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Jia Sidao

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Jia Sidao

Jia Sidao (Chinese: 賈似道; pinyin: Jiǎ Sìdào; Wade–Giles: Chia Ssu-tao, 1213–1275) was a chancellor during the late Song dynasty of China. He dominated the Song court from 1260 to 1273, after rising to the rank of chancellor due to his sister being a concubine of the Emperor Lizong. Known for his corruption and incompetence, he is best known for his intervention in the Battle of Xiangyang, in which he hid the true situation from the Song court, and was responsible for its demise. In addition, Jia Sidao pioneered a policy of land nationalization, which was highly unpopular among the Confucians, who favored low taxes and a small role for the state. Later, at the Battle of Yihu, Jia Sidao's incompetence led to a defeat in which the remnants of the Song army were routed, leading to the Mongols advancing on the capital, Lin'an. As a result of this defeat, he was demoted from the chancellor post and killed by Zheng Hucheng in revenge.

The land survey, endorses by several more officials, was undertaken ca. 1262. It was dictated by the pressing military needs and rampant monopolization by the powerful clans. In 1263, the "public field" gongtian (the N.Song feature) were reintroduced, to function for the following 12 years.

Jia Sidao's land reform activity was exaggeratedly compared to that of Wang Mang, since, differently from the latter, the state monopolized only 1/3 of the excess land holdings, provided some minimal compensation, and alleviated the Harmonious Grain levy.[1]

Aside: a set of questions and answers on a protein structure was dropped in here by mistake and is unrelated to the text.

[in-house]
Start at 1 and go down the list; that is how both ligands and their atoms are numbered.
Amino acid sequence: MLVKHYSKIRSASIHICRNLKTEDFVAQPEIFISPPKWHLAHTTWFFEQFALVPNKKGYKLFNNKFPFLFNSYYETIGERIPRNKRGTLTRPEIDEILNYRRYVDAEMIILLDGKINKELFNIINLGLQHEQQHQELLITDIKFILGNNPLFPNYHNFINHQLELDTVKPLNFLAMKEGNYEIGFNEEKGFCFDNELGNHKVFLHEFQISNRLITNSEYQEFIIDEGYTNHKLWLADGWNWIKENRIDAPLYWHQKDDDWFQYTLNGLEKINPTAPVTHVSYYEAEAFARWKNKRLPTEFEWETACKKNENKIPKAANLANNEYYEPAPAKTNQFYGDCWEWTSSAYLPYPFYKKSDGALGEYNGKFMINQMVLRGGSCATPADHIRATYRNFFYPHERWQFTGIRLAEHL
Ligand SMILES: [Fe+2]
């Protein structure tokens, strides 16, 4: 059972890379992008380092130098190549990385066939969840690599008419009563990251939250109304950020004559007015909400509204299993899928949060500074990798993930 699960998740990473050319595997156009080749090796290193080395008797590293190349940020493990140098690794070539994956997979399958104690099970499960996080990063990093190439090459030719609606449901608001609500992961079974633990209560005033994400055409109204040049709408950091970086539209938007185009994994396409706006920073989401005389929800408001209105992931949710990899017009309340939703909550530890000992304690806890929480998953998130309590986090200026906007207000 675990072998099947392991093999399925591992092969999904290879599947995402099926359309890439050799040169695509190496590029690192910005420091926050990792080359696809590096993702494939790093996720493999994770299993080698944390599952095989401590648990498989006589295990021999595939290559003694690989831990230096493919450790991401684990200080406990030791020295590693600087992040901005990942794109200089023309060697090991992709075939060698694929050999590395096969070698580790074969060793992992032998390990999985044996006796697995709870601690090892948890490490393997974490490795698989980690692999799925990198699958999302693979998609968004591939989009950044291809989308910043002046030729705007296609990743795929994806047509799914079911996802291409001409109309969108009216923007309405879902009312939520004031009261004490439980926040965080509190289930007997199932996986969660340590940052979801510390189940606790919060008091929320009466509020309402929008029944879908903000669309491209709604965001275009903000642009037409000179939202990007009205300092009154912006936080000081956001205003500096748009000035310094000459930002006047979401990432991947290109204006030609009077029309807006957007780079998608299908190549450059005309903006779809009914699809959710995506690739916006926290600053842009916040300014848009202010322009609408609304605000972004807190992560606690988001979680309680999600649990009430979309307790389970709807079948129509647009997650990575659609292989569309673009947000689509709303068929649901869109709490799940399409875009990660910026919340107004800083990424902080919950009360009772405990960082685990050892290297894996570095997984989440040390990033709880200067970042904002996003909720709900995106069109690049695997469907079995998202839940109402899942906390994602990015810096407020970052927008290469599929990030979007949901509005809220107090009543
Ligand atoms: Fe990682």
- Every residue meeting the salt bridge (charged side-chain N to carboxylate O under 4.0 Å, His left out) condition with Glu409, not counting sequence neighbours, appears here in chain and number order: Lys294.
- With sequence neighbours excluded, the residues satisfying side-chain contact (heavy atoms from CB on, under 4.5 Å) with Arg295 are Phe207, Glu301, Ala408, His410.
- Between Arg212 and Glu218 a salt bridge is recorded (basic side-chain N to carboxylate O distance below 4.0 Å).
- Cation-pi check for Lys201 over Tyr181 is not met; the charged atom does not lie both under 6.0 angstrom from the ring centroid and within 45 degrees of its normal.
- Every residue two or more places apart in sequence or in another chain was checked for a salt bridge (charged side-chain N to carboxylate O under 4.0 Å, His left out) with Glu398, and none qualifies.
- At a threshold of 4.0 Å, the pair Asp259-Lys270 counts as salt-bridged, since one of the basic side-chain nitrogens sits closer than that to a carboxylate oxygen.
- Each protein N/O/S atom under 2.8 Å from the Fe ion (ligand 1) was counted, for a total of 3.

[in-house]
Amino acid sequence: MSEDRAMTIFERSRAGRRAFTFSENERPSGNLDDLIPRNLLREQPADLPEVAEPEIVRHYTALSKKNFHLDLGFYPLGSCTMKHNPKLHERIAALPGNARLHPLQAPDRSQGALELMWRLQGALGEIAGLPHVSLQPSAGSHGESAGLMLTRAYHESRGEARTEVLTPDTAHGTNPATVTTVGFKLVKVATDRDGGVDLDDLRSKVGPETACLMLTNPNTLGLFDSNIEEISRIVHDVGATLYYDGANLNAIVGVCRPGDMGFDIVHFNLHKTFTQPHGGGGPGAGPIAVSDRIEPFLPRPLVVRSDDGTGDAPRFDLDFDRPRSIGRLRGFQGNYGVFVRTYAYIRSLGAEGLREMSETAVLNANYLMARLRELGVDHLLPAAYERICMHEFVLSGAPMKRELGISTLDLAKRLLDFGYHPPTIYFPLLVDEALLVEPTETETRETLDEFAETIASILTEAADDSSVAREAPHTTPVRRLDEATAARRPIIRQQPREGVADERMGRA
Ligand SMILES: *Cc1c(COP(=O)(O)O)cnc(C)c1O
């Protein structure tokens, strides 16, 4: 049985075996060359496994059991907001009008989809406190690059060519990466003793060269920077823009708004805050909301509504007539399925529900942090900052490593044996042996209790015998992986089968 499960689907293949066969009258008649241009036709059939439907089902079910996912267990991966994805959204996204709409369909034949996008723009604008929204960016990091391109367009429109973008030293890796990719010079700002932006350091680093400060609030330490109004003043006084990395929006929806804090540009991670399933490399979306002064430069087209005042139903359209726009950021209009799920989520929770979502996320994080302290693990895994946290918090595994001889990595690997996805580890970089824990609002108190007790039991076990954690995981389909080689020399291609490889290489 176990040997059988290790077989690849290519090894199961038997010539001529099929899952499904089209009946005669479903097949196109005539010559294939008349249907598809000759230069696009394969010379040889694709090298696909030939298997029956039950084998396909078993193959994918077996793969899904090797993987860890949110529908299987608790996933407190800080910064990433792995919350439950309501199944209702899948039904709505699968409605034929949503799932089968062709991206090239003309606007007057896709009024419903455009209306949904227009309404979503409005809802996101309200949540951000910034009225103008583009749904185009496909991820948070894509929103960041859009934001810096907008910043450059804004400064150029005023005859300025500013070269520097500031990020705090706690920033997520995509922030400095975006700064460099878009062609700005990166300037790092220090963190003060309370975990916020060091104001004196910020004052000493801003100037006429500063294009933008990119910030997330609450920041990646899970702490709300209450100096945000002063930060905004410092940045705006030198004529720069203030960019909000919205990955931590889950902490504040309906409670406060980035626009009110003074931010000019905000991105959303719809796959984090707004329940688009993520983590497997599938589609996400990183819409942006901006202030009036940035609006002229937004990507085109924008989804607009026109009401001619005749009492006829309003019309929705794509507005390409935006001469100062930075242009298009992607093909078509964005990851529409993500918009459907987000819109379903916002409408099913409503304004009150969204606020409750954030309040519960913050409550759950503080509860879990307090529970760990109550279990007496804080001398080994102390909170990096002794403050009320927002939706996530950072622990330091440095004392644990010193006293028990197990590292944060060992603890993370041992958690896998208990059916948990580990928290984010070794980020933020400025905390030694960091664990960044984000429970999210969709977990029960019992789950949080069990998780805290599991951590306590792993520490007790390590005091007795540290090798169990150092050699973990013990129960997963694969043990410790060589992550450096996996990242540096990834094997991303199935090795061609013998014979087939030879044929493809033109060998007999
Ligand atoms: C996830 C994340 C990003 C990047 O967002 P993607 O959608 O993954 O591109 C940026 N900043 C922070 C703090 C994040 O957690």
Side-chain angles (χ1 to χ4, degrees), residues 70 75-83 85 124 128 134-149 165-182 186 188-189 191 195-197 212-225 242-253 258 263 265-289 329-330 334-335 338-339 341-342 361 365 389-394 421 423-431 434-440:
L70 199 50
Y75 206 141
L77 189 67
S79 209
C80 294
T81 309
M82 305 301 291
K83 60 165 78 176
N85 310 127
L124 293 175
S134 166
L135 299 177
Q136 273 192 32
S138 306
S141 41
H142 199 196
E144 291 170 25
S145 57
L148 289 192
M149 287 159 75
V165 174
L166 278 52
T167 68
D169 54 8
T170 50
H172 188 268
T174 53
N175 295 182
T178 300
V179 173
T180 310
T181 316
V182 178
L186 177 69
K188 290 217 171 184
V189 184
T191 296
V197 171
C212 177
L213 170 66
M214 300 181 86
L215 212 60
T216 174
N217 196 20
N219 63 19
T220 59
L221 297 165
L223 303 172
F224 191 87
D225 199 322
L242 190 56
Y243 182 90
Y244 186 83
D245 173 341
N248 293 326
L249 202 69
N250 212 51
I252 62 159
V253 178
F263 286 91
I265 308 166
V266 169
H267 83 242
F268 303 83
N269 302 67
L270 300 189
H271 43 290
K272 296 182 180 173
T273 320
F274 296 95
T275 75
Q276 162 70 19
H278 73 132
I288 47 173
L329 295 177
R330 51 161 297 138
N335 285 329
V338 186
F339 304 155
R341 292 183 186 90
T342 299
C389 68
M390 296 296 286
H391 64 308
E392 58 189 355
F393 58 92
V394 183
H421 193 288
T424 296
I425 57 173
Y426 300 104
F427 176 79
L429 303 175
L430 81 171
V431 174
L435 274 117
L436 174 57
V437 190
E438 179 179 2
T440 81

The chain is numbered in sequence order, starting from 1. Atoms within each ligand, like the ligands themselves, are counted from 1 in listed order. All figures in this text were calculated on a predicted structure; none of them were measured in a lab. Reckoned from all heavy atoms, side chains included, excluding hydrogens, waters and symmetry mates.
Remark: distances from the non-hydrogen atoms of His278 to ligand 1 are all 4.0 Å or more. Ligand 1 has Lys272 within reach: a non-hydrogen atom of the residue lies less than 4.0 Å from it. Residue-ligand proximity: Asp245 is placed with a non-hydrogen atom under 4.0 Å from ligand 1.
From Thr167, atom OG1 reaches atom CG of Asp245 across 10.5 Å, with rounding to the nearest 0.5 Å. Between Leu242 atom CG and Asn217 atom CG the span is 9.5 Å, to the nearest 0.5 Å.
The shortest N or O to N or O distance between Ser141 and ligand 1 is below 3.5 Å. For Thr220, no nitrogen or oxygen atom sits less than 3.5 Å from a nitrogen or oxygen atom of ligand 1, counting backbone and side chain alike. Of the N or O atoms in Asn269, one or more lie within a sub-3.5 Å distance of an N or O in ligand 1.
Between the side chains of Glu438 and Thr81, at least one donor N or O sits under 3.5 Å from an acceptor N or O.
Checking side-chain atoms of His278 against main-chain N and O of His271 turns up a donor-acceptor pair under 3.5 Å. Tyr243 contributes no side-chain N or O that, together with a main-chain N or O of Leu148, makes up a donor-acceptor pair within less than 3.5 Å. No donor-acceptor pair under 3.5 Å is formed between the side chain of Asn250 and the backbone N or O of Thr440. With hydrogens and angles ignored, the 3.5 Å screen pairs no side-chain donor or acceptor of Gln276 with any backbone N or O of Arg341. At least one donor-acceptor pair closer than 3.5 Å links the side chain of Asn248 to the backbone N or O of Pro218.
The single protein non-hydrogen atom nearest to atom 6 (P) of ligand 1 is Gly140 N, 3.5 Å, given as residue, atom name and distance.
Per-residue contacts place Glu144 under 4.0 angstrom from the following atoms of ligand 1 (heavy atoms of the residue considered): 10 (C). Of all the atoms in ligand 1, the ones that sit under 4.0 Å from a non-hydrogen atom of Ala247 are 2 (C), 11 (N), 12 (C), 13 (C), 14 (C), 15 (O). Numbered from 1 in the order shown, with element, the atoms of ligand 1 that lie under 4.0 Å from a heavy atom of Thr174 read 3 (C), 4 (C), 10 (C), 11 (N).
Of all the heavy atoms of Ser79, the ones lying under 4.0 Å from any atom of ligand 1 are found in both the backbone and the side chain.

He enjoyed special favor of the Emperor Duzong. Being Jia's junior by 27 years, he called him "teacher" (though Jia never held the corresponding post and was not an imperial degree holder), used to stand up upon his entrance, and kneel in tears begging to remain in office.

The possibility of execution for Jia Sidao was hotly debated in Lin'an (now Hangzhou) on the verge of its fall. Dowager Empress Xie objected to this cruelty, but issued progressively severe decrees of banishment and property confiscation for his family. Nevertheless, Jia was assassinated by the court-designated sheriff charged with his custody. Whether the execution was court-sanctioned, remains unclear.[2]

References

  1. ^ Cambridge History of China, 5.1:894-5
  2. ^ Cambridge History of China, 5.1:936

Sources

  1. Li, Bo and Zheng Yin. (Chinese) (2001). 5000 years of Chinese history. Inner Mongolian People's publishing corp. ISBN 7-204-04420-7.

See also

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